Growth October 31, 2013 Last updated September 18th, 2018 521 Reads share

Managing Growth: Should Your E-commerce Store Expand Into Retail?

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If your online store has experienced impressive levels of growth, you might be wondering what’s next? You want to keep expanding your business, but it’s important to do so wisely. Before making any moves, it’s essential to consider the needs of your customers and what really makes sense for the next stage of your business. If you’re thinking about expanding your e-commerce store into retail, first make sure your online store has achieved all its capabilities.

Managing e-commerce growth 

It’s exciting when your e-commerce store experiences a period of rapid growth, but it can also be very stressful if you don’t have the proper tools in place to manage it. Keep the following features in mind when creating a strategy to handle a surge in orders:

  • E-commerce platform: Not only does a good e-commerce platform make your website appear professional, further legitimizing your company, it also helps you to better manage a growing business. For example, the Shopify platform doubles as a Content Management System (CMS), creates detailed customer profiles, accepts currency from around the globe, offers unlimited bandwidth, and so much more. It’s easy to upgrade features as you need them, so your store can grow with your customers.
  •  Inventory management: The absence of a good inventory management system can bring your growing business to a halt. Paul Demery, chief technology editor at Internet Retailer, wrote the post “How a Two-Store Chicago Boutique Handles E-commerce Growth,” on Chicago-based Merz Apothecary. The store had a difficult time processing more than 200 orders a day, before upgrading to an inventory management system from Celerant Technology Corp. The store can now fulfill up to 1,000 orders per day and the inventory management system offers estimates on how long may take for fulfillment and when out-of-stock items will become available. Not only does this allow Merz Apothecary to increase sales, but they’re also able to provide better customer service.
  • Customer service: When customers have a question or concern, they want to be able to contact your company immediately. If your customer service team isn’t large enough to respond to customer inquiries within a maximum of one to two days, expect a lot of unsatisfied customers. As your store grows, your customer service team also needs to expand.

Strategize carefully before moving to brick-and-mortar

If your e-commerce business experiences a great deal of success, you might consider expanding your operations to include a traditional brick-and-mortar store. Many immensely popular e-commerce companies like Piperlime, Warby Parker, Balsam Hill, Clearly Contacts, BaubleBar, and Our Baby Our World have recently begun to do so.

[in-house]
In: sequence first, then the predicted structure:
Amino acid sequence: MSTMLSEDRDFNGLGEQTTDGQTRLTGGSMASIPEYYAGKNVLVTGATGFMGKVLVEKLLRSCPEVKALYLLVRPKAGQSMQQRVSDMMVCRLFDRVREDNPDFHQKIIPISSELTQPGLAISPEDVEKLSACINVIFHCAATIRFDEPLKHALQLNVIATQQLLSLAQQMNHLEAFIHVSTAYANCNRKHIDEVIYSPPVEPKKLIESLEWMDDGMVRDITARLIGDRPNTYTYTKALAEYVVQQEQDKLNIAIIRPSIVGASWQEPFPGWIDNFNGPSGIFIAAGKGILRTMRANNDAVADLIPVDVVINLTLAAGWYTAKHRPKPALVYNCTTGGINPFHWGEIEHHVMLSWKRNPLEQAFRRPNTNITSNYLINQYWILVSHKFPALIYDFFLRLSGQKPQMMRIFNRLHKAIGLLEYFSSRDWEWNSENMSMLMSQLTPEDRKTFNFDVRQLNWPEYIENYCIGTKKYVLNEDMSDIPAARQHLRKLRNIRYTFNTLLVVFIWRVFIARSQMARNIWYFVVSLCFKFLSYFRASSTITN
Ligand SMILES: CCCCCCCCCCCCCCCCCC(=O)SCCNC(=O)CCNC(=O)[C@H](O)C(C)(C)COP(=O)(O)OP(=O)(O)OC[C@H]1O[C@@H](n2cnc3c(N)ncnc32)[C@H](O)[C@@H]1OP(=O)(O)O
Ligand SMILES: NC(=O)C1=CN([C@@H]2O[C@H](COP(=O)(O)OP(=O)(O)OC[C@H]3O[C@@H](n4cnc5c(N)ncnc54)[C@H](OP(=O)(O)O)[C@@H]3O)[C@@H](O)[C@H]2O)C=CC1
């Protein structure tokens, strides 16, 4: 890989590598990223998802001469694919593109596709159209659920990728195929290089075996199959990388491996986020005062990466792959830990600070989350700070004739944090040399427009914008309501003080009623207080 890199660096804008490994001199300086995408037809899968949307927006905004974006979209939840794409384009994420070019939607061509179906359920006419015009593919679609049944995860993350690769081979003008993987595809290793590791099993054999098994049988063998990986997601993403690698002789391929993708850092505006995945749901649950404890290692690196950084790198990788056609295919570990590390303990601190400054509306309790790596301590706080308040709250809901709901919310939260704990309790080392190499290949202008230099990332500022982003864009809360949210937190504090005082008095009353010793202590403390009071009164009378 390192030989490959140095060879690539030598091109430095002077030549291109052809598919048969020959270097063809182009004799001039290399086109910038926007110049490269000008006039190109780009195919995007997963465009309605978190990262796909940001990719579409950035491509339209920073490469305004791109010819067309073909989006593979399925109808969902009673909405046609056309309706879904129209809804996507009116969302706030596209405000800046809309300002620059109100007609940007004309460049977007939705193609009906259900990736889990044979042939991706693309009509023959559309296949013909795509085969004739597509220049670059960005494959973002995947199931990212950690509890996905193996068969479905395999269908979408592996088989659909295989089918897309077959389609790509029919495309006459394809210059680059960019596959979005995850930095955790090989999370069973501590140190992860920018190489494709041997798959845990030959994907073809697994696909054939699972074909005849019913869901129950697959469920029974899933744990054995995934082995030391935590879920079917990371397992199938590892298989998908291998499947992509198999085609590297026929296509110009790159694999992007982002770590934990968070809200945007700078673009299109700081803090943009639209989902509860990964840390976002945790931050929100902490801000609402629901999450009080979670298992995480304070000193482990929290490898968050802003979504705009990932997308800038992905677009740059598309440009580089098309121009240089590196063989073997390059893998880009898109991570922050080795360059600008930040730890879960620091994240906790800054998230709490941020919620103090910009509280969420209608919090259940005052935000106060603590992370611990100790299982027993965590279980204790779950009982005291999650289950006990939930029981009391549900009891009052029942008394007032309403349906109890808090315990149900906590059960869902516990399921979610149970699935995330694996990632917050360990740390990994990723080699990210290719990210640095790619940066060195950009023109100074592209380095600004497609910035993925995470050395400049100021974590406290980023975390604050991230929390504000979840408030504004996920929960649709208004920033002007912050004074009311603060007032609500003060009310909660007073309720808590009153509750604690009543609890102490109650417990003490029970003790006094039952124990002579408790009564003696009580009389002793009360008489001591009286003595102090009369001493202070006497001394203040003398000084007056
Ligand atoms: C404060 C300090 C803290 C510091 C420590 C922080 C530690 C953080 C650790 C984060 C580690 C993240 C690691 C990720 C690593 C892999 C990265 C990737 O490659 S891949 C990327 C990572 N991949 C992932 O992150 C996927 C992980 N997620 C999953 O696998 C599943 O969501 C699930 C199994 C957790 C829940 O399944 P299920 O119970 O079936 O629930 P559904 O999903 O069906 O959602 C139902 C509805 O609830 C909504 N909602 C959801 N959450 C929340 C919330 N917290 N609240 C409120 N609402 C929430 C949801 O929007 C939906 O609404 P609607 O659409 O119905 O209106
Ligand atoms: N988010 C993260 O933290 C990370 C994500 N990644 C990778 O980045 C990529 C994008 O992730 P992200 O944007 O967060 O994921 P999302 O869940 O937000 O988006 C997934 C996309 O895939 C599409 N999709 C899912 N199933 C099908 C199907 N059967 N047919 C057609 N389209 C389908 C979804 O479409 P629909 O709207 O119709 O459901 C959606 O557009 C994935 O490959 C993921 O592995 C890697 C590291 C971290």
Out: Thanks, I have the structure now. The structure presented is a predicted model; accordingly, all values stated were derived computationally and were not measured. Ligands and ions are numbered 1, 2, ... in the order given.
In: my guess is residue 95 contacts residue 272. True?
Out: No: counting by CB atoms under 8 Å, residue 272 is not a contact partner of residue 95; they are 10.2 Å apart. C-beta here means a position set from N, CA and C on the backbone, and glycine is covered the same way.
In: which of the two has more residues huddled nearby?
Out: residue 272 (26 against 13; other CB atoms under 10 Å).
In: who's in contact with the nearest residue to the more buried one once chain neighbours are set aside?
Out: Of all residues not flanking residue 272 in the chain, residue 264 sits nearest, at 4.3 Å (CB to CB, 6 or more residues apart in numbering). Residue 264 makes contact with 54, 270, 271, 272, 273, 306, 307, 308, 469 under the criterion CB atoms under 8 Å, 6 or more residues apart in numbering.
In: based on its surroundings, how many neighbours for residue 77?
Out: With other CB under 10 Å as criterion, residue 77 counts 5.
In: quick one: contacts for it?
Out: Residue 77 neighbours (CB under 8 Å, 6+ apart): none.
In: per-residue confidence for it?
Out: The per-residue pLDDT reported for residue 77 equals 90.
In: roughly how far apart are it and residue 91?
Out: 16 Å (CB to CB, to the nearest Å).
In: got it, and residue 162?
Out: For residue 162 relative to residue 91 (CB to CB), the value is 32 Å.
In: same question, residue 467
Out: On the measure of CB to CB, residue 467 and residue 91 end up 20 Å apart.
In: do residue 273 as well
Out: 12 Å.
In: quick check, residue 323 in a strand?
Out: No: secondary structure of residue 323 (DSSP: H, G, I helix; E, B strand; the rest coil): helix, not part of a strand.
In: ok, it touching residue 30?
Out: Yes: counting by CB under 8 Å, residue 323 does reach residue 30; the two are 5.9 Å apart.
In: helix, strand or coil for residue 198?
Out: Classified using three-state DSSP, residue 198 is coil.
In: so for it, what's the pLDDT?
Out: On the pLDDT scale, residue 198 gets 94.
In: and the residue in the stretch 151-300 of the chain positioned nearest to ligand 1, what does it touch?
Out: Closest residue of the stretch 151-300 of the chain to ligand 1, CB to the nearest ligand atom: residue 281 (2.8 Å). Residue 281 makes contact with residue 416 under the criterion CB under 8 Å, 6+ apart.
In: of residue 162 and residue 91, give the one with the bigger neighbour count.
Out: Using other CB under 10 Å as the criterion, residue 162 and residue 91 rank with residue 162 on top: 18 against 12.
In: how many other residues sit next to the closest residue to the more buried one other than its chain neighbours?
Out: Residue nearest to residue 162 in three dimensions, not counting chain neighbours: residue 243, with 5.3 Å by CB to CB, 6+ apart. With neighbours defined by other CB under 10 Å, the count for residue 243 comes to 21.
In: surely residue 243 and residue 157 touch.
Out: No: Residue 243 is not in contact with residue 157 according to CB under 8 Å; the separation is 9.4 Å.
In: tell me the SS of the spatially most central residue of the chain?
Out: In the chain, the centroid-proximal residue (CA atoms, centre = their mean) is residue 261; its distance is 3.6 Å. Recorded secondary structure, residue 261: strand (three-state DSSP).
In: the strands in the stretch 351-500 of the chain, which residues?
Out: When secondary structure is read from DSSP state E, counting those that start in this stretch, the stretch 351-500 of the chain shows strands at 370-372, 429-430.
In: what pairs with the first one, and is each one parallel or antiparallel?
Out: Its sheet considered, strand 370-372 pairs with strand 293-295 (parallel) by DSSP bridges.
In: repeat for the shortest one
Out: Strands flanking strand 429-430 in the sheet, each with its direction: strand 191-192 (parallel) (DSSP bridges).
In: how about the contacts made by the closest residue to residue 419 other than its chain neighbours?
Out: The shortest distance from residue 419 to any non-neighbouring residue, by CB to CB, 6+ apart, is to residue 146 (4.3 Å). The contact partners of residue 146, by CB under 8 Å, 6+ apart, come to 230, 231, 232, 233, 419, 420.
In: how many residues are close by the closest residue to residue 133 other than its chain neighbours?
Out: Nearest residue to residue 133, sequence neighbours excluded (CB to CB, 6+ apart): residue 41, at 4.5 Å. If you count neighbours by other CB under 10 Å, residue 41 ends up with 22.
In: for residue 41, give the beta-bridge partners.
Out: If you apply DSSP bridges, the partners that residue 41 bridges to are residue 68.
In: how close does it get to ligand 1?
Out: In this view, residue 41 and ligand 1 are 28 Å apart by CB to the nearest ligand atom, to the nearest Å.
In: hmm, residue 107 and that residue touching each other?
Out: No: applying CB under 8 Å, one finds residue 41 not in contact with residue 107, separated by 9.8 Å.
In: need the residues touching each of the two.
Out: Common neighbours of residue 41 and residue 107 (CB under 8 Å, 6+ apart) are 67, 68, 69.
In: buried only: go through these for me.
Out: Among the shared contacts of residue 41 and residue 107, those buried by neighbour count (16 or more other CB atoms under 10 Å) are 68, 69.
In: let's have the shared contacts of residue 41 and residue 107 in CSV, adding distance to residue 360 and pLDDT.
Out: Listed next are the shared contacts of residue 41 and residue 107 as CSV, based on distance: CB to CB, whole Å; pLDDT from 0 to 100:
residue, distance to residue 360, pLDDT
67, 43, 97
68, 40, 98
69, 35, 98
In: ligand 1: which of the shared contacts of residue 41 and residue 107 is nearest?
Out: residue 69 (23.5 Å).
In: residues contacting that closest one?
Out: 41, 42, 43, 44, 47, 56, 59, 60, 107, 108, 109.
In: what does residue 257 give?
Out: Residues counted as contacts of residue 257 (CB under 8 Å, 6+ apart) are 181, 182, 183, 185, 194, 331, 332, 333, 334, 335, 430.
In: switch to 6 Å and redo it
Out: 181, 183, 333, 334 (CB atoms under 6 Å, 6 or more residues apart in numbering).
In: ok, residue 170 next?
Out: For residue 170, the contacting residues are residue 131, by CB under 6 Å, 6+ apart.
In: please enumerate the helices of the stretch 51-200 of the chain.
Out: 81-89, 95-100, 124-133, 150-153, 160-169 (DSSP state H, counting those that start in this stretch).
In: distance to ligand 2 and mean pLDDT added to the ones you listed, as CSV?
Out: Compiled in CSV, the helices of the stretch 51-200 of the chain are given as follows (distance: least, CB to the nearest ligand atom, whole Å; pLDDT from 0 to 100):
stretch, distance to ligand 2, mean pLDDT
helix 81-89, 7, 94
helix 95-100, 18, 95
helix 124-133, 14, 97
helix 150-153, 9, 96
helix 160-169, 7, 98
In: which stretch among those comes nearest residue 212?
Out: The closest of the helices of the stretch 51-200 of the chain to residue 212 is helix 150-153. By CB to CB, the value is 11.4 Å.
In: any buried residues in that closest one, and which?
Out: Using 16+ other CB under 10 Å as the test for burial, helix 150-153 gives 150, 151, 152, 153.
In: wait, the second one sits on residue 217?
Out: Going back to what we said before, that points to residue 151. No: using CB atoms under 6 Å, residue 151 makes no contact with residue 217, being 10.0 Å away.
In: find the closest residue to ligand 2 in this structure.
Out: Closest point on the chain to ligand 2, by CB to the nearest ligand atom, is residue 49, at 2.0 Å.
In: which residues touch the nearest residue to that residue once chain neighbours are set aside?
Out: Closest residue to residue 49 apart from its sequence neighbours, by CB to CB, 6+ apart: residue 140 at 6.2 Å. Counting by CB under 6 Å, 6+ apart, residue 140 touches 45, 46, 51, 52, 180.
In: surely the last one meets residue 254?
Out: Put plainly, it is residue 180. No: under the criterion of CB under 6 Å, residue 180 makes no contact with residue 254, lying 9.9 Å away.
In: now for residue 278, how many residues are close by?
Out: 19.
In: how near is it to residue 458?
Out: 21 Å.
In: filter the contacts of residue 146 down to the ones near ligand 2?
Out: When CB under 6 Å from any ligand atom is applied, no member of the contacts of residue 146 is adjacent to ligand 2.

Clearly Contacts is an example of a company that made the transition right. Since its founding in 2000, the company has been very successful, both in its native Canada and throughout the world. However, despite this success, the company only experienced five percent growth in 2012. Roger Hardy, the founder and CEO, decided to open a brick-and-mortar store to gain the business of customers who want to try on frames before buying or don’t want to risk entering prescription data online.

Hardy began his brick-and-mortar venture slowly, opening just one location in Vancouver. The initial store was so successful, that he plans to open a larger one nearby, in addition to other locations in key Canadian cities in Europe. Hardy believes that customers should have the ability to be served wherever they want — in store, online, smartphone — and this attention to customer service may help him to reach his goal of Clearly Contacts becoming the leader in the eyewear industry.

If you’re thinking of expanding your e-commerce business into a brick-and-mortar, take the following ideas into consideration when creating your strategy:

  • Create a “guideshop” like Bonobos, where a very limited stock of colors and sizes are kept in store for customers to try on and actual purchases are shipped to their homes.
  • Make shopping at your store a social event, creating an emotional experience for customers.
  • Choose a location off the beaten path to save on rent, as you can rely on your already established brand to draw customers in.

E-commerce retailers can operate their brick-and-mortar according to their own rules. Many have fewer staff, less inventory, and are only open limited hours — but this is enough to satisfy customers looking for an in-person experience. Operate your store by what works best for you, not traditional retailers.

Images:  “e-commerce and business concept signs – text and symbols in 3d blue glass cubes with white letters  /Shutterstock.com

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George Hillston

George Hillston

George Hillston is an established business and technology writer from Toronto, Ontario. You can find more of his work on his Google+ profile

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